Monday, November 28, 2011

Luodong: The farms, food, and baby animals grand tour

Thanks to my twisted ankle, hiking and other forms of walking-intensive travel were off the plate for a few weeks. But don't worry, I've still been keeping busy. For starters, Christine and I figured out how to bake muffins in a toaster oven (a general lack of conventional ovens in Asia is just one of those "cultural differences" I'm learning to get over).
Experiment #1: Pumpkin cream cheese muffins
If you can't tell, we voted them a success
Then, Christine, Cherrica and I got to go on a scooter-tour of Luodong with my host dad, Jason. As you may have inferred from my blog post title, baby animals and food figured heavily in said tour (my host family has already figured out my two favorite things).

After a wonderful lunch of homemade pork and green onion dumplings, we started off our tour at a goat farm/baby animal petting zoo/cafe/kid's carnival. I realize that that's a really bizarre description but I don't know how else to explain it. Anyhow, we skipped the carnival rides and headed straight for the animals.

Jason says, "bahh!"
The piglets were my favorite. I was sorely tempted to take one home with me (side note: this farm lets you rent piglets by the night, so taking one home with me was a legitimate option).

The farm also lets you buy milk by the bottle to feed to the piglets and the baby goats.

Awww! So darn cute! 

The farm also had some friendly free-range chickens and turkeys wandering about the cafe and the neighboring playground.

 Feeding the goats was also an option.

Of course, not all of the goats were strictly interested in eating grass.

And, just in case you still haven't reached your cute quote for the day, here's a baby bunny:
Happy year of the rabbit!
When Cherrica and Jason finally managed to drag Christine and I away from the animals, we headed to the night market for lunch (despite the somewhat deceptive name, many parts of Taiwan's famous night markets are open during the day as well). After a quick ride around town during which Jason pointed out all of the good places to eat, visit, or park a scooter, we stopped to pick up some 蔥油餅 (green onion pancakes) from the most popular stand in Luodong. For desert, I tried 豆花 (a desert made of shaved ice, tapioca pearls, and sweet tofu pudding) for the first time.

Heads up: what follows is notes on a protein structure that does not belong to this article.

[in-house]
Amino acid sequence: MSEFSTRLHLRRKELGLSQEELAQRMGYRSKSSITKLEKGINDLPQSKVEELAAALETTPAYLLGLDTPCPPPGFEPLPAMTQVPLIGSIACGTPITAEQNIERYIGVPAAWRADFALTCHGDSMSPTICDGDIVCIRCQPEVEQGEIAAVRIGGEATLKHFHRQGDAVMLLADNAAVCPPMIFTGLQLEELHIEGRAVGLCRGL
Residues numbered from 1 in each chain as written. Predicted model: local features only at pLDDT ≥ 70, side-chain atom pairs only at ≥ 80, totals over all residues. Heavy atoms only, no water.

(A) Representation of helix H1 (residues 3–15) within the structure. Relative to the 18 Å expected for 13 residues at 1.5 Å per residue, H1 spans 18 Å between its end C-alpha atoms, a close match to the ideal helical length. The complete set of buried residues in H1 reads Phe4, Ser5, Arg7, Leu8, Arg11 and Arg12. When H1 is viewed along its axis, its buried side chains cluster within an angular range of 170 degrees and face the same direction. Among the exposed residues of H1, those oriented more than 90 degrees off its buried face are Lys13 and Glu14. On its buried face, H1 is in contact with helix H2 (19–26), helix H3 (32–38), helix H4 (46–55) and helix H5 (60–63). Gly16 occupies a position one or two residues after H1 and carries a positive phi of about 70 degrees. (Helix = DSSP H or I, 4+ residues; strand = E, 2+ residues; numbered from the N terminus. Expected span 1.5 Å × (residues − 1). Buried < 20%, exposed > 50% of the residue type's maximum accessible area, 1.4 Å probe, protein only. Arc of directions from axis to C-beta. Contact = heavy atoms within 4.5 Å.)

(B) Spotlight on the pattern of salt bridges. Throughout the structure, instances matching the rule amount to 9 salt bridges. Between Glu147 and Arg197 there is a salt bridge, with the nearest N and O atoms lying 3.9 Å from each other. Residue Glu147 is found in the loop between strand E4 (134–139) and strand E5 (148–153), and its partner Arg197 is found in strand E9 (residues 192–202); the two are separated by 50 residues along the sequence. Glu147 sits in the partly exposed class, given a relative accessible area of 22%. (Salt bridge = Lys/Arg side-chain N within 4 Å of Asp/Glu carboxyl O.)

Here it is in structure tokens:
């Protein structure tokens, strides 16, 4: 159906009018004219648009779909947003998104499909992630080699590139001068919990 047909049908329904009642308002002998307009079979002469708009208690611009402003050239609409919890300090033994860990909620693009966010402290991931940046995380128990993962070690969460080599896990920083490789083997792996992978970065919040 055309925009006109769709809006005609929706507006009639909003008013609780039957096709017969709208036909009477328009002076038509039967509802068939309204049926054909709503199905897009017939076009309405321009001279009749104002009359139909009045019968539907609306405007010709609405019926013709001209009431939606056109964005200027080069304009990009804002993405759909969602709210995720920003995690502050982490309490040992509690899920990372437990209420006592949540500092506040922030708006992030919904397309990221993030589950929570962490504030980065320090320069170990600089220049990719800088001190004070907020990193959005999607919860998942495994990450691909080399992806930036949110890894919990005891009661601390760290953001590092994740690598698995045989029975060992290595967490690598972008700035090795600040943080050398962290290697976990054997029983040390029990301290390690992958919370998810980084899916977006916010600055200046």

Lunch! Christine (right) got traditional 豆花 with peanuts while Cherrica (left) went for tried grass jelly (I promise, it tastes a lot better than the name makes it sound).

Next, we headed out of the city and into a beautiful patch of countryside to visit Happiness 20, a farm/restaurant/park with its own orchard and an emphasis on DIY crafts. Again, weird description but "farms" I've been to in Taiwan are just so different than most farms back home. I think maybe a tourist-friendly organic farm run by hippies in Vermont is about the closest you would come in the US.

Two of Jason's friends opened the farm a few years ago, so parts of it are still being built and expanded. One of the most fun things about the farm was their DIY pizza station, complete with a brick pizza oven (which Jason's friend constructed after watching an instructive YouTube video). We built a fruit, honey, and marshmallow dessert pizza and the owner's kids joined us to make a more traditional ham, tomato sauce, and green pepper pizza.

 We used honey for sauce. Other toppings included, pineapple, bananas, marshmallows, 
tomatoes (they're a fruit in Taiwan), and cheese. I feel like this should also be filed under 
"sounds weird, tastes wonderful."

After they put our pizza in the oven, we got to feed the goats while we waited for the food to cook. No offense to Dixie Crossroads, which will always be a special part of my childhood, but this was way more fun than feeding the fish while you wait for your dinner.

When they were ready, both pizzas were delicious. 

And we had fun herbal flower tea, complete with edible flowers, to go with it!
What more can a girl ask for?

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